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Obesity And Social Security Disability Insurance

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Social Security Disability Insurance (SSDI) benefits are intended to provide financial support for individuals who are unable to work due to a debilitating disability. To ensure that this is the case, the Social Security Administration (SSA), the agency that examines SSDI applications, offers detailed descriptions as to what constitutes a debilitating disability. These descriptions are so detailed that having an experienced attorney to help navigate the SSDI application process is a tremendous advantage. Recently, questions have arisen as to whether morbid obesity that prevents an individual from working constitutes a disability. An analysis of whether morbid obesity fits within the SSA’s current listing of impairments, and how it can affect one’s residual functional capability, such that one may be able to receive SSDI benefits, will follow below.

Obesity, Generally

An individual having a body mass index (BMI) of 30 or more may be considered obese, while a BMI of 40 or more may be considered morbidly obese. These numbers are not absolute, however. When considering obesity, a medical professional will also look at excess fat, as someone with a large percentage of their weight coming from muscle may have an elevated BMI but not be obese. Conversely, a person may have a healthy BMI, but if a small percentage comes from muscle, they will most likely have an unhealthy percentage coming from fat. Generally, obesity manifests itself with regard to a low metabolism, which involves, among other symptoms, a large waist, insulin resistance, elevated triglyceride levels, and high blood pressure.

Previously, obesity was considered a disability for SSDI benefits, but, in 1999, the SSA deleted the listing, although it still must be considered in the evaluation process. What this means is that, to qualify for SSDI benefits, an individual needs more than a low metabolism. Rather, the obesity must contribute to or cause damage to another disease, and also lead to limited mobility or functional abilities, such that the individual’s situation constitutes a disability.

The Listing of Impairments

Because obesity is not listed in the Listing of Impairments, the SSA will only consider obesity under the Listing if its limitations on the individual are equivalent to another category in the listing or it causes or contributes to another listed impairment. As an example of the former, if obesity makes an individual unable to walk (i.e., the individual can only move through the help of a wheelchair), then the condition may qualify as being equivalent to an individual who cannot walk due to amputation. As an example of the latter, when obesity is a cause of diabetes, it may be deemed to be contributing to that disease. Thus, an individual can be awarded SSDI benefits for obesity, but only if he/she can demonstrate that the physical symptoms as a result of the obesity prevent him/her from working.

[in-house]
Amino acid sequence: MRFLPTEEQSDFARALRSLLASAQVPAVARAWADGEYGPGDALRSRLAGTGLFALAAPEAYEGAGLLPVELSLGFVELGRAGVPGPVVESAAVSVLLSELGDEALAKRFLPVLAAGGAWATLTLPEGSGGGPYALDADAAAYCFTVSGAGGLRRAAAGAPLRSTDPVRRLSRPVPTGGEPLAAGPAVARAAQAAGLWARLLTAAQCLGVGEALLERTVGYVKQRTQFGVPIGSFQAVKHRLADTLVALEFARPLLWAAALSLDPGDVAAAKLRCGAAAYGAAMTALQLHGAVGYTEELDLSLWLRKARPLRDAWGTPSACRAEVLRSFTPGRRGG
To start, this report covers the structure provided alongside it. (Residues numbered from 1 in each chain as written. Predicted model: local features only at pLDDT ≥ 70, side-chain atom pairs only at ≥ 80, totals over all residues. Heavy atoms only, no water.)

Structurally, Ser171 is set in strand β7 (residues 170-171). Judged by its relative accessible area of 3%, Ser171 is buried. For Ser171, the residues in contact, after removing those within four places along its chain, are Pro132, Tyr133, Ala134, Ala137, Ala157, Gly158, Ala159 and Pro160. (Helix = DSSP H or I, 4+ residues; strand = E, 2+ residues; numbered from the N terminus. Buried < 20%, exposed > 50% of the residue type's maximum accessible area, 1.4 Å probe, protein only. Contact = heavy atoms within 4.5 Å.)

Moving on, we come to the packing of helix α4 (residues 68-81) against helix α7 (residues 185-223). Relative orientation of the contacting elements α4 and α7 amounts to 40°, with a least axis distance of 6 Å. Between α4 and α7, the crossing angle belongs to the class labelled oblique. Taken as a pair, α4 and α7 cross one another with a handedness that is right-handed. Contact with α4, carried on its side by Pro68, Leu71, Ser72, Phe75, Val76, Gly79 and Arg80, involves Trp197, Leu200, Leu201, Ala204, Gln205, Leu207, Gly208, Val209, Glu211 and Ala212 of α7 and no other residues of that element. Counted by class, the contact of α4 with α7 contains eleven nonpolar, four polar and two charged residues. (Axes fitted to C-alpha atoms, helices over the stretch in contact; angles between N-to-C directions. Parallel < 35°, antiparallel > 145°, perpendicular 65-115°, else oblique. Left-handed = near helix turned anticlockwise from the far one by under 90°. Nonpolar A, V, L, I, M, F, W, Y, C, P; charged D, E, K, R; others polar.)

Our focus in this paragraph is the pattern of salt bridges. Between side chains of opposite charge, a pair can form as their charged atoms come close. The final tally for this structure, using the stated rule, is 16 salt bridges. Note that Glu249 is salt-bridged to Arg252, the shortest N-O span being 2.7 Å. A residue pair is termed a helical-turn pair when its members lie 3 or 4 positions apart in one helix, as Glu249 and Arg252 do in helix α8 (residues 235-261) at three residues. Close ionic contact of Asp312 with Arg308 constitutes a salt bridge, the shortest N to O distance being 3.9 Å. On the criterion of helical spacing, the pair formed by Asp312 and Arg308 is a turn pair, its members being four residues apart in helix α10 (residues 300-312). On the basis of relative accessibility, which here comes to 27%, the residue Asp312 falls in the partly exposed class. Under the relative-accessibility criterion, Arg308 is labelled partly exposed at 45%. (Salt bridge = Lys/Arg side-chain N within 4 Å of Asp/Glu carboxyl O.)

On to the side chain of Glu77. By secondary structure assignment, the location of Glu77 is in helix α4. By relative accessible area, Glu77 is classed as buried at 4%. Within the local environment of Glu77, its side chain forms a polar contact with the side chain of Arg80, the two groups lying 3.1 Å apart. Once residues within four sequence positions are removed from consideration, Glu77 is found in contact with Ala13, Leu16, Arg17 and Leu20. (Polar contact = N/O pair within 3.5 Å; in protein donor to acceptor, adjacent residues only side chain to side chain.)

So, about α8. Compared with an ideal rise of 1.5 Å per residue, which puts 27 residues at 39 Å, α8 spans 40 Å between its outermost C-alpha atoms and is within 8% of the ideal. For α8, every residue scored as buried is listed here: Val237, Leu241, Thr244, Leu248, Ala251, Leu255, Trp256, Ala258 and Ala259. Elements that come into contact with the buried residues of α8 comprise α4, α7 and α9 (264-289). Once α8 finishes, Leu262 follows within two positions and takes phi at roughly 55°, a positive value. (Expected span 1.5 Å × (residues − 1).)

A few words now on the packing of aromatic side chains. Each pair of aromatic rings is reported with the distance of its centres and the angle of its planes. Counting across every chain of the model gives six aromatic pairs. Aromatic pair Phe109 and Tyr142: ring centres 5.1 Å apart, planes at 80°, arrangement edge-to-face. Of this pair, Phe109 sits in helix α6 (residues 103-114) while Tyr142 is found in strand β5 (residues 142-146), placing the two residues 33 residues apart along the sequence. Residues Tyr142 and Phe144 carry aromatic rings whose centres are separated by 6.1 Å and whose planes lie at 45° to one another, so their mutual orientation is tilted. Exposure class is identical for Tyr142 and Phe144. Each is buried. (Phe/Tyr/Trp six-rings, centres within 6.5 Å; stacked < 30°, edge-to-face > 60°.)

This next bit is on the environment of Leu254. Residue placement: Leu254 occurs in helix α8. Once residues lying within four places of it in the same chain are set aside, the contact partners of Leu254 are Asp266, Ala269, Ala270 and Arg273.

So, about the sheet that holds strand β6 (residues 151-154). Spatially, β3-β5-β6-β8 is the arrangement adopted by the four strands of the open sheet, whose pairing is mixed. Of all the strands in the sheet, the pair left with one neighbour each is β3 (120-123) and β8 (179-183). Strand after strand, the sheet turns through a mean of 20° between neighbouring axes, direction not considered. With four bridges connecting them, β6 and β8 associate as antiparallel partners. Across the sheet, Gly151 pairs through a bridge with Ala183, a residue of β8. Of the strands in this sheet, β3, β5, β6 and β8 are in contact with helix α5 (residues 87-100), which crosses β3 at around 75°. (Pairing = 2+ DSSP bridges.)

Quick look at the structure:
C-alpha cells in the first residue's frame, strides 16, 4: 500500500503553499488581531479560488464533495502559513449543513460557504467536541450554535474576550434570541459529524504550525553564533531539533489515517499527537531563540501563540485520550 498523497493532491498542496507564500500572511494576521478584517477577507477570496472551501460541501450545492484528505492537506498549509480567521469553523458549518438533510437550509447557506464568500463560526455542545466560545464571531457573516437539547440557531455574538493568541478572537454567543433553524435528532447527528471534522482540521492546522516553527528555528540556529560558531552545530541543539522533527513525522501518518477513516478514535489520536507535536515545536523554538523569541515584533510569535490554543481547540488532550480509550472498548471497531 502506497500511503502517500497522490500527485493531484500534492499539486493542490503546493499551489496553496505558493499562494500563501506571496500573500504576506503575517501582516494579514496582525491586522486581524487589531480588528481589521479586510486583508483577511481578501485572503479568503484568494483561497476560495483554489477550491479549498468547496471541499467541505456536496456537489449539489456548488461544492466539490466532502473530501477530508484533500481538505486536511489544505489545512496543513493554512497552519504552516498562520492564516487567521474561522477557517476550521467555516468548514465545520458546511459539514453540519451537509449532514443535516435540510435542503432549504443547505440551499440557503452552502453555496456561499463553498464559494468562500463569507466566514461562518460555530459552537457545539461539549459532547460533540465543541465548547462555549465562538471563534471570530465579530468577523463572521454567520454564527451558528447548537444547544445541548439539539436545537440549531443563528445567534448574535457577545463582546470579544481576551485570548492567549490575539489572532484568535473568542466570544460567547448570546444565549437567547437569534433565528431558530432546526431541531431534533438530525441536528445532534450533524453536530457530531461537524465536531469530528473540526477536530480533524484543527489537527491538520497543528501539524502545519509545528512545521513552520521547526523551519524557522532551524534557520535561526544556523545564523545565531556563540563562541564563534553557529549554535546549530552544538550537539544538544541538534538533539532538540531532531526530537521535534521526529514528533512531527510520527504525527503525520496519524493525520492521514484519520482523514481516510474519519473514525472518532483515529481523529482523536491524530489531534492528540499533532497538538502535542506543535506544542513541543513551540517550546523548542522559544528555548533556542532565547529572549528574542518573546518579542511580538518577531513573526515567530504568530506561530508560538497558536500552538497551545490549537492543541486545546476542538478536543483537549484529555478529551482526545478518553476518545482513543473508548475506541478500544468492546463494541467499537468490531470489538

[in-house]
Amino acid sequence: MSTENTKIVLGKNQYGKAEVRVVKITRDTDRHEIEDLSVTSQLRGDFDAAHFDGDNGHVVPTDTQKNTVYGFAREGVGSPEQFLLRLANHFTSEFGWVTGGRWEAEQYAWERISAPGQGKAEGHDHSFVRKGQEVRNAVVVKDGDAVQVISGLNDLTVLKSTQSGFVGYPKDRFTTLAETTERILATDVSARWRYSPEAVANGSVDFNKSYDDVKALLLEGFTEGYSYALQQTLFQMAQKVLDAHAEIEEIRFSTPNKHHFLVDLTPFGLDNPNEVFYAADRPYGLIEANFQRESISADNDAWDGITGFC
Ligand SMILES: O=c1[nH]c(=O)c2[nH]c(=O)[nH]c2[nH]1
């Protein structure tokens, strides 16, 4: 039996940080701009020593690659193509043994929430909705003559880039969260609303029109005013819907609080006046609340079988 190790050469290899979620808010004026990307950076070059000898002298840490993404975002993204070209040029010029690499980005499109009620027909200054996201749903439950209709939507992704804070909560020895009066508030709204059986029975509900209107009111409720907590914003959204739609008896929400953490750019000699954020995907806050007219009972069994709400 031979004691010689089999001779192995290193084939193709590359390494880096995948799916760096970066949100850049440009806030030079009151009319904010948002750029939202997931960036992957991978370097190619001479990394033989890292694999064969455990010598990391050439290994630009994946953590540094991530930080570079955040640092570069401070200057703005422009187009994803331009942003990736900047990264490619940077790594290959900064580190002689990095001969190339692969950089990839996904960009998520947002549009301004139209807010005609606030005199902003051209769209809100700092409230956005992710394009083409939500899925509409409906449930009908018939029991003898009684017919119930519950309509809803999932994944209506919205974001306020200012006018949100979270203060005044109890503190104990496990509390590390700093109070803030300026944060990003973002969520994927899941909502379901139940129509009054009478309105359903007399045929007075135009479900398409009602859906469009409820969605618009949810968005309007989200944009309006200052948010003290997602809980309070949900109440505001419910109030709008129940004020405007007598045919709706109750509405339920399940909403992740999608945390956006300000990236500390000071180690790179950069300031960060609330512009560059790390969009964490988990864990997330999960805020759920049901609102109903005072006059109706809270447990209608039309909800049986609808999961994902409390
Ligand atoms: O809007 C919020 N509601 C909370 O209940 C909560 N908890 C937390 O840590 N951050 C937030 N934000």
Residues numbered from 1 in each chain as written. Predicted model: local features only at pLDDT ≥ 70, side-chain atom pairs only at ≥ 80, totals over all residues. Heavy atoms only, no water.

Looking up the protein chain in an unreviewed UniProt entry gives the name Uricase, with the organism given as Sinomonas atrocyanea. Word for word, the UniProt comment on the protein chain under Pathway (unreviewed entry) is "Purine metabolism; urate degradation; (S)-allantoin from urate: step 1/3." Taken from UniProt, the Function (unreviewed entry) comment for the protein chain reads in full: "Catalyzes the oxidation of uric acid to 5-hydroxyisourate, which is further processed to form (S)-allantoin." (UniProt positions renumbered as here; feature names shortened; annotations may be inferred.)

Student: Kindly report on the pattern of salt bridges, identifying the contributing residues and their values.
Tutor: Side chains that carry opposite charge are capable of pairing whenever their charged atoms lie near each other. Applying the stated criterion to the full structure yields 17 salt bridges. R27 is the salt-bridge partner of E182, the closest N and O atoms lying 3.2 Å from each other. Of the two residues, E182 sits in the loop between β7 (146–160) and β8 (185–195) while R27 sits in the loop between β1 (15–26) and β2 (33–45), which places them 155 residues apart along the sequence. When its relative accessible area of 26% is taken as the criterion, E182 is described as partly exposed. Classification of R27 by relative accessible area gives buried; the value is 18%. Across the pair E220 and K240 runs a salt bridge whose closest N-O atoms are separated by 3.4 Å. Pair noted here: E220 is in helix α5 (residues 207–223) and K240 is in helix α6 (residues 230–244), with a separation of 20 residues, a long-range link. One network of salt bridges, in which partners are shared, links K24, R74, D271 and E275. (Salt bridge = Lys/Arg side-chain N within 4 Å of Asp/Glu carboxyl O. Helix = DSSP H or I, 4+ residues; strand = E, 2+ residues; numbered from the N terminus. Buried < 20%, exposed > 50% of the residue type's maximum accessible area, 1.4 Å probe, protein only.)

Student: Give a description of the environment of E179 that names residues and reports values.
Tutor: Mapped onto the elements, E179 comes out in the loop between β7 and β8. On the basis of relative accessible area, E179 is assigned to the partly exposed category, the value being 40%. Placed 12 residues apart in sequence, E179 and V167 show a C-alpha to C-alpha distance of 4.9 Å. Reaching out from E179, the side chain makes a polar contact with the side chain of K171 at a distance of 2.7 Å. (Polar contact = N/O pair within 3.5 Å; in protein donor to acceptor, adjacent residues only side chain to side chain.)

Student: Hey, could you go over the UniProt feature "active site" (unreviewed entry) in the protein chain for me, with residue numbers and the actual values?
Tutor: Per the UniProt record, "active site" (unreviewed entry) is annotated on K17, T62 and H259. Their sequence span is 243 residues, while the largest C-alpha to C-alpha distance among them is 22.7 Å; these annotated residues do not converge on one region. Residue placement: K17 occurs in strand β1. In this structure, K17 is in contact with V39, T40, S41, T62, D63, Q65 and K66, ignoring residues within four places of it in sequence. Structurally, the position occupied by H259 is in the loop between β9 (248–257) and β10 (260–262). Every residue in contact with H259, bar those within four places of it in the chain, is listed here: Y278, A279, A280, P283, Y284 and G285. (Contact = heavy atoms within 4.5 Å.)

The Medical-Vocational Allowance

If obesity cannot qualify under the Listing of Impairments, the SSA will then assess an individual’s residual functional capacity. In other words, obesity can limit one’s ability to function, based on where the excessive fat is carried. For example, an obese individual may have trouble walking, standing, sitting, balancing, lifting items, and bending over, among other activities. Thus, if an obese individual suffers from walking, standing for long periods, or even sitting for long periods, the SSA may consider the pain to be a limiting symptom as part of one’s residual functional capacity.

This analysis of one’s residual functional capacity will then be used to determine what jobs one can do, if any. If the SSA determines that there are some jobs an obese individual can do, they will deny the SSDI claim. However, if the SSA determines that, due to obesity and its symptoms, there are no jobs that can be performed, an individual may be awarded medical-vocational allowance benefits.

Get Help

If you have filed (or are considering filing) a claim for SSDI benefits, and you feel that your obesity may contribute to your disability, contact the experienced disability legal team at Farrell Disability Law as soon as possible. It is crucial to have someone on your side as experienced as their attorneys are who can maneuver through the process in such a way to best present your evidence and give you the best chance for success. Contact our Jacksonville office today.

Resources:

newhealthadvisor.com/is-obesity-a-disability.html

ssa.gov/disability/

Farrell Disability Law is located in Jacksonville, FL and serves clients throughout Florida, including Jacksonville Beach, Jacksonville, Atlantic Beach, Orange Park, Doctors Inlet, Neptune Beach, Callahan, Bryceville, Middleburg, Fernandina Beach, Clay County, Duval County and Nassau County.
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